Shaky Simon Mignolet Reverts To Nervous Performances

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“Simon, are you sometimes over-thinking stuff?”

Those were the words uttered by Mrs Mignolet last season as she attempted to resolve her then-fiancé’s form. Sure enough, after his wife’s inspirational chat, Mr Mignolet’s displays improved. The once erratic goalkeeper went back to basics and looked a different player in the second half of the season.

But now we’re back at square one, and I doubt there’s much Mrs Mignolet can do this time round.

Mignolet Nervous

Much like the optimism in pre-season, Mignolet’s form has dissipated. His error in the 1-1 draw at home to Norwich put the brakes on an improved performance and handed the travelling Canaries a point.

It’s hardly a new phenomenon. In 2013-14, Mignolet made five errors leading to goals, which accounted for 10% of the goals Liverpool conceded and was more than any other goalkeeper in the league. Notable fumbles against Man City, Norwich and Aston Villa stick vividly in the mind.

Last season, that figure dropped to just one, but he’s hit that unwanted target already, just five games into the current campaign.

Not only does the Belgian produce enough howlers to keep David James and Massimo Taibi company, but he noticeably spreads nervousness through the entire defence.

Mignolet made more errors leading to goals than any other Premier League goalkeeper in 2013/14.
Mignolet made more errors leading to goals than any other Premier League goalkeeper in 2013/14.

He often flaps and flails at crosses – see Norwich and Bournemouth at home this season – and although he’s started shouting more, he’s convincing no-one that he’s a commanding goalkeeper.

And all this before even mentioning his distribution…

It’s mind-boggling that a Premier League footballer can’t kick a ball properly. Mignolet is reminiscent of that goalkeeper we’ve all played with at Under-10 level – the poor lad who ends up in goal because he’s naff outfield and can’t kick beyond his own box.

He’s not much better with his hands, either. In the recent 3-1 loss to Man Utd, he rolled the ball straight to Juan Mata, who was standing two yards in front of him.

With Brad Jones departing Anfield in the summer, Liverpool had the chance to put some pressure on Mignolet by appointing a proven goalkeeper as deputy.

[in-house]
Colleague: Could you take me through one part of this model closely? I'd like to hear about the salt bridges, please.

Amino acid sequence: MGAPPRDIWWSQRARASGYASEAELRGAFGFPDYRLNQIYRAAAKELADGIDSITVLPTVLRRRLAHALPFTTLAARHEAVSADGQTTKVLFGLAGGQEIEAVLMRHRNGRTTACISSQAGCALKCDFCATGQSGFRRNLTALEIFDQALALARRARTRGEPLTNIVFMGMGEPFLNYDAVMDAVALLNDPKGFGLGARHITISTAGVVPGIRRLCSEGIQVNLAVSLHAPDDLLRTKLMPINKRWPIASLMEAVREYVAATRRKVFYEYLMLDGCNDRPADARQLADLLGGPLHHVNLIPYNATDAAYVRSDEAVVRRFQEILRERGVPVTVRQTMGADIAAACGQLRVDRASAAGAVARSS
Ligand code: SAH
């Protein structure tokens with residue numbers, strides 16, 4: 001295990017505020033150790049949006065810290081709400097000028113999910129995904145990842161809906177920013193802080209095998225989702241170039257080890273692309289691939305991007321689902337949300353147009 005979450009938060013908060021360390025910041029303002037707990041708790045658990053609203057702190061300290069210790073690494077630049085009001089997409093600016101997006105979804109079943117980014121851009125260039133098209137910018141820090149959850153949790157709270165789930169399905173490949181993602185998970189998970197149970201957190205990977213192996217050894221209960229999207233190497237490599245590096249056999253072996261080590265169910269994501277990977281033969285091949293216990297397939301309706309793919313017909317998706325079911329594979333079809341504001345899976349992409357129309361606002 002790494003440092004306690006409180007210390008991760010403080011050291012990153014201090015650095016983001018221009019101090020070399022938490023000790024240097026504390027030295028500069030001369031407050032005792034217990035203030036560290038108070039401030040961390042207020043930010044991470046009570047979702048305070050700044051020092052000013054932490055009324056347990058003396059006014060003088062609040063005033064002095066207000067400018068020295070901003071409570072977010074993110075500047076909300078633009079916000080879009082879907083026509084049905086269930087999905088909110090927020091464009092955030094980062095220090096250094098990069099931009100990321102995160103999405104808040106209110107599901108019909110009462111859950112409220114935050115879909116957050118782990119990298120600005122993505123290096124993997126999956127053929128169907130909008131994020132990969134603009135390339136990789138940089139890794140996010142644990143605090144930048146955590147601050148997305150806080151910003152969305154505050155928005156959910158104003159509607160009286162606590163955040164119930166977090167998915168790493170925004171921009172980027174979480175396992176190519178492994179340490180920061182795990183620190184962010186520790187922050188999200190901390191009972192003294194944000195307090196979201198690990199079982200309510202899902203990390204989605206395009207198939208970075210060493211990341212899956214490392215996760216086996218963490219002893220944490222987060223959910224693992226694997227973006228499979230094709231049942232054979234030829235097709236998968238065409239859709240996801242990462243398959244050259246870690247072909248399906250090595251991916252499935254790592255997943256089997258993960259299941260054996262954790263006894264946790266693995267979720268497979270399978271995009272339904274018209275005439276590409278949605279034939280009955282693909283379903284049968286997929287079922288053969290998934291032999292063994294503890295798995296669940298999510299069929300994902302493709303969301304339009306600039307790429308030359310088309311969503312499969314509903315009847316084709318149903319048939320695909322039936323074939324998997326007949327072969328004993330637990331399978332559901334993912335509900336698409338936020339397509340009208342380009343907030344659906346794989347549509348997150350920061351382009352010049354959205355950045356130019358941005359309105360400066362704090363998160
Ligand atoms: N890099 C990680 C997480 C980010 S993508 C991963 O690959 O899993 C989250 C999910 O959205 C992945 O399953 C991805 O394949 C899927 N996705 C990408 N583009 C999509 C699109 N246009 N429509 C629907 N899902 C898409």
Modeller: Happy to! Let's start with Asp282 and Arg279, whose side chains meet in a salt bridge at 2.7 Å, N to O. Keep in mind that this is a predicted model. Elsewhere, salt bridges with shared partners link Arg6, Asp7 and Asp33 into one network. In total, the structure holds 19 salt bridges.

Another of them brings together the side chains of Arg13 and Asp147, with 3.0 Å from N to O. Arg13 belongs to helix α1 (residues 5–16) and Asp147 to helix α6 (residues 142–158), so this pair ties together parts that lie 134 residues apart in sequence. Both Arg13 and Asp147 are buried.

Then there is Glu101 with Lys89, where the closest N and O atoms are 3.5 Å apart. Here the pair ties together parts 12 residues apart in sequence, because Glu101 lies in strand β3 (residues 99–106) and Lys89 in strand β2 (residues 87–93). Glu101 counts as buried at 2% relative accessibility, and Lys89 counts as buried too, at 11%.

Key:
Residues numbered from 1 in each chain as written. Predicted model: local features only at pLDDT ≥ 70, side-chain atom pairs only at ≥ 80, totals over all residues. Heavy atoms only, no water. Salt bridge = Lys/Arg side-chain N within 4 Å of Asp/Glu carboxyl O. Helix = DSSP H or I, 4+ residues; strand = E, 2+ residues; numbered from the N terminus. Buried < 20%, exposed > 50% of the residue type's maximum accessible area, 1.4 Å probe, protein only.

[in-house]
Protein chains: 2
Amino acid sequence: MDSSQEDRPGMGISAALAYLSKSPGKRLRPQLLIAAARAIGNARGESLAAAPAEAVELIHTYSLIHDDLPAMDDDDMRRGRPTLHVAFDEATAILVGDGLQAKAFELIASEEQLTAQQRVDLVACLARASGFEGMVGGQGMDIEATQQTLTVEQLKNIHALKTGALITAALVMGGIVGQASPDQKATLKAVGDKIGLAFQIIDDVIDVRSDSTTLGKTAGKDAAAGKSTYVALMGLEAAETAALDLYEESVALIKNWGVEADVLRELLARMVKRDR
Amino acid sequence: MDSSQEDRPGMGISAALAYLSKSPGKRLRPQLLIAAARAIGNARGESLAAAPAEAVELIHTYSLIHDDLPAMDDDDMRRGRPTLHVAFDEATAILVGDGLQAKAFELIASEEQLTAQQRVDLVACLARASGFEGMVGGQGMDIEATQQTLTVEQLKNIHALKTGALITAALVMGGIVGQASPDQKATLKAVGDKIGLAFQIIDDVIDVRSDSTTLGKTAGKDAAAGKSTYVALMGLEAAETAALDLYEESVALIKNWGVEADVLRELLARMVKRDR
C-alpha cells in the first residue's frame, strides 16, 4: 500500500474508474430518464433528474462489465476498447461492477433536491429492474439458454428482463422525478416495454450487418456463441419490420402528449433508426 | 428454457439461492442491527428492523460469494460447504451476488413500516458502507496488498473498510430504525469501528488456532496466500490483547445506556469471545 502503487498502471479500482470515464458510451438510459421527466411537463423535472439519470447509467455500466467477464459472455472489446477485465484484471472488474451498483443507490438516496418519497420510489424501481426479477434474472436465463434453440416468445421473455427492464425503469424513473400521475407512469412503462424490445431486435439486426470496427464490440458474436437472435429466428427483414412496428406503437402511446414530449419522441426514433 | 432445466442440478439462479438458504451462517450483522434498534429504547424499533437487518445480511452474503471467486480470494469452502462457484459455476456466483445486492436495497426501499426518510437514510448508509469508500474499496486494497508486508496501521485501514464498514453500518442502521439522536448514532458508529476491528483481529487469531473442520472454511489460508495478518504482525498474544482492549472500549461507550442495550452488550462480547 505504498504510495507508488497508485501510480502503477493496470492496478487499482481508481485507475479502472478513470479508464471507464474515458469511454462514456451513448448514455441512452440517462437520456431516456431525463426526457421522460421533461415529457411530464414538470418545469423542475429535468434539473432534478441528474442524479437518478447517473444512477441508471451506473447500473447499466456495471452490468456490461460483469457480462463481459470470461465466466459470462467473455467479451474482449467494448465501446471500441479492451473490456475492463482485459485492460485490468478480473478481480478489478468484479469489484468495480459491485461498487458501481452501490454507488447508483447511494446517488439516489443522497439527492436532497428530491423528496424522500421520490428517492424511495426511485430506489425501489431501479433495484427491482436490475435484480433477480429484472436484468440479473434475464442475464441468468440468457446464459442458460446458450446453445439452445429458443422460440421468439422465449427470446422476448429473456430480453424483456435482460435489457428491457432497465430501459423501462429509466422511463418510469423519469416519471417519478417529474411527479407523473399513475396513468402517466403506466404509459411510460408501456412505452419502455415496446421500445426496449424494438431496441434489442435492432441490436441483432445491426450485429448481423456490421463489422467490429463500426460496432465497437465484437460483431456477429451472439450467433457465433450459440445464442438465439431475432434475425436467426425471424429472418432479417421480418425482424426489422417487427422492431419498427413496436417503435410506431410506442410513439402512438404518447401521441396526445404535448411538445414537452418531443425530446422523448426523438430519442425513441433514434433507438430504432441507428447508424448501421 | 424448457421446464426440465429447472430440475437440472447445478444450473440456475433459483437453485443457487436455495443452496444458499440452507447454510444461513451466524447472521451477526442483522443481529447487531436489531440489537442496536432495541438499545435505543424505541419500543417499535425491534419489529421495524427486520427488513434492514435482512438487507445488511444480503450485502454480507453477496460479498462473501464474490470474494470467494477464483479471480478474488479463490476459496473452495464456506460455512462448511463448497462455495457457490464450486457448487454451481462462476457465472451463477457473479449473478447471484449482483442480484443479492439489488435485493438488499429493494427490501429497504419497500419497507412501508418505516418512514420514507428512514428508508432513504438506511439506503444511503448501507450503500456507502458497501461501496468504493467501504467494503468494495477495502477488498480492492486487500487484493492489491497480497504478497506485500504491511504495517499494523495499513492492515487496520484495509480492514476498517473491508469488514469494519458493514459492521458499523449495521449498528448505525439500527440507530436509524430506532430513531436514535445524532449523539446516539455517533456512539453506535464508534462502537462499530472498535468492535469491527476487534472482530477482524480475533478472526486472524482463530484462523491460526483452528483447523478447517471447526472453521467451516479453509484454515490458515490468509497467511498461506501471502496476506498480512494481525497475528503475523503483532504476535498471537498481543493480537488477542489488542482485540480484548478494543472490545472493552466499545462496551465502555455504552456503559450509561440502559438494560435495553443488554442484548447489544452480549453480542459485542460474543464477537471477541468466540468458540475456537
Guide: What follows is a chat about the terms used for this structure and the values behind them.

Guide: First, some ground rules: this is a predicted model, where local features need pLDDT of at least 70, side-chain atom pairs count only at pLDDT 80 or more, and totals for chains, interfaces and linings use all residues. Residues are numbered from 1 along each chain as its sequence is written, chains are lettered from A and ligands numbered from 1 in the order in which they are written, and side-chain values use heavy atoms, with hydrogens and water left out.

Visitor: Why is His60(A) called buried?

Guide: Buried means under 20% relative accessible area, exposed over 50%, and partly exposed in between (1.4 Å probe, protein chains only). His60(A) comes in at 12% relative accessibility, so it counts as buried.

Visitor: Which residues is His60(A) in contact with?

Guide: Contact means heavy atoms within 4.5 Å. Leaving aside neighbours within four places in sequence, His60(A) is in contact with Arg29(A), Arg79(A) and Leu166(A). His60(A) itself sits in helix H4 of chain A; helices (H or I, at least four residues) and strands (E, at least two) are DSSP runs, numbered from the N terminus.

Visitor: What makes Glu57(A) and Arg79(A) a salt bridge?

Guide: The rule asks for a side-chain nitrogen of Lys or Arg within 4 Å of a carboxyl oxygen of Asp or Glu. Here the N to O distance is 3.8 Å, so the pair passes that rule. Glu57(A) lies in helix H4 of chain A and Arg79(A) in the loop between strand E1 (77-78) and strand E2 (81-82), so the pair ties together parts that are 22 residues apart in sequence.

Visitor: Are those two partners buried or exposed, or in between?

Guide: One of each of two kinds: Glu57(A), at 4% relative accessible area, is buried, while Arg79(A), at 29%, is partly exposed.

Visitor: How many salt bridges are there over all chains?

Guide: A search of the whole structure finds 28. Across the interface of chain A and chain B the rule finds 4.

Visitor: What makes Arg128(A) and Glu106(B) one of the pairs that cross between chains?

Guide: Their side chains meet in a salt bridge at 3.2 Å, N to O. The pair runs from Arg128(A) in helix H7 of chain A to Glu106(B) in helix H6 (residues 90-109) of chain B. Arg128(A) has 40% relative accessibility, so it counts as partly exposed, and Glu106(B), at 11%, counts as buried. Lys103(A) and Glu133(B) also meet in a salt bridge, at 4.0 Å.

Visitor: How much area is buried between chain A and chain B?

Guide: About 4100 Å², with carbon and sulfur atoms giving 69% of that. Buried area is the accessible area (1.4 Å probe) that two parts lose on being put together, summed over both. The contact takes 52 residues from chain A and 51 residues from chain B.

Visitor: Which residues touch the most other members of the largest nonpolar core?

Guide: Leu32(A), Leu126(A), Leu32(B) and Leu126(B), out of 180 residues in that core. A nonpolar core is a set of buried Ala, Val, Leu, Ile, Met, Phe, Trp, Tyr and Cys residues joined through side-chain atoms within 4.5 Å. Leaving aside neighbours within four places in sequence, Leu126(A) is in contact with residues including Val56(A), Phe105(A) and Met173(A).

Now, there’s one of two ways Liverpool could have handled the situation.

Some managers prefer to have two players rivalling each other for the goalkeeping spot. Keep each other on their toes and all that. Other clubs opt to put all their faith in an undisputed No.1, filling their goalkeeper with confidence that no matter what, they’ll be in the starting lineup come Saturday at 3pm. Or Sunday at 4:15pm. Or whatever time they decide to play games nowadays.

Liverpool opted for the latter, dipping into the bargain bucket of goalkeepers and plucking Adam Bogdan out of the mix.

On reflection, it seems a strange decision. Mignolet’s best form last season came after he was dropped, when it became aware that he wouldn’t start if his performances continued to dwindle. Competition – even in the lowly form of Jones – seemed to do him good. Odd, then, that Liverpool chose Bogdan this summer, he of Bolton Wanderers’ bench fame.

Compared to our rivals’ goalkeepers, Mignolet looks short of the required quality. David de Gea regularly won games single-handedly for Man Utd last season, not least in their 3-0 triumph over the Reds at Old Trafford. Similarly, Petr Cech produced a world-class display to shut us out at the Emirates. Thibaut Courtois has endured a difficult start to the season, but is undoubtedly one of Europe’s best and Joe Hart improves year on year. Even Spurs have France’s Captain between the sticks.

Perhaps we were spoiled with Pepe Reina. Not only was he an assured, commanding goalkeeper with outstanding distribution, but according to many former teammates he was a cracking laugh in the dressing room. I’m sure you’re a nice chap too Simon, but I can’t see you kickstarting a conga on a plane.

He’s never going to reach the heights that Reina did and there came a point last season when it seemed Mignolet’s relationship with the Anfield crowd and teammates alike seemed untenable. He’s turned it around once, but it’s a gargantuan task to repeat to feat.

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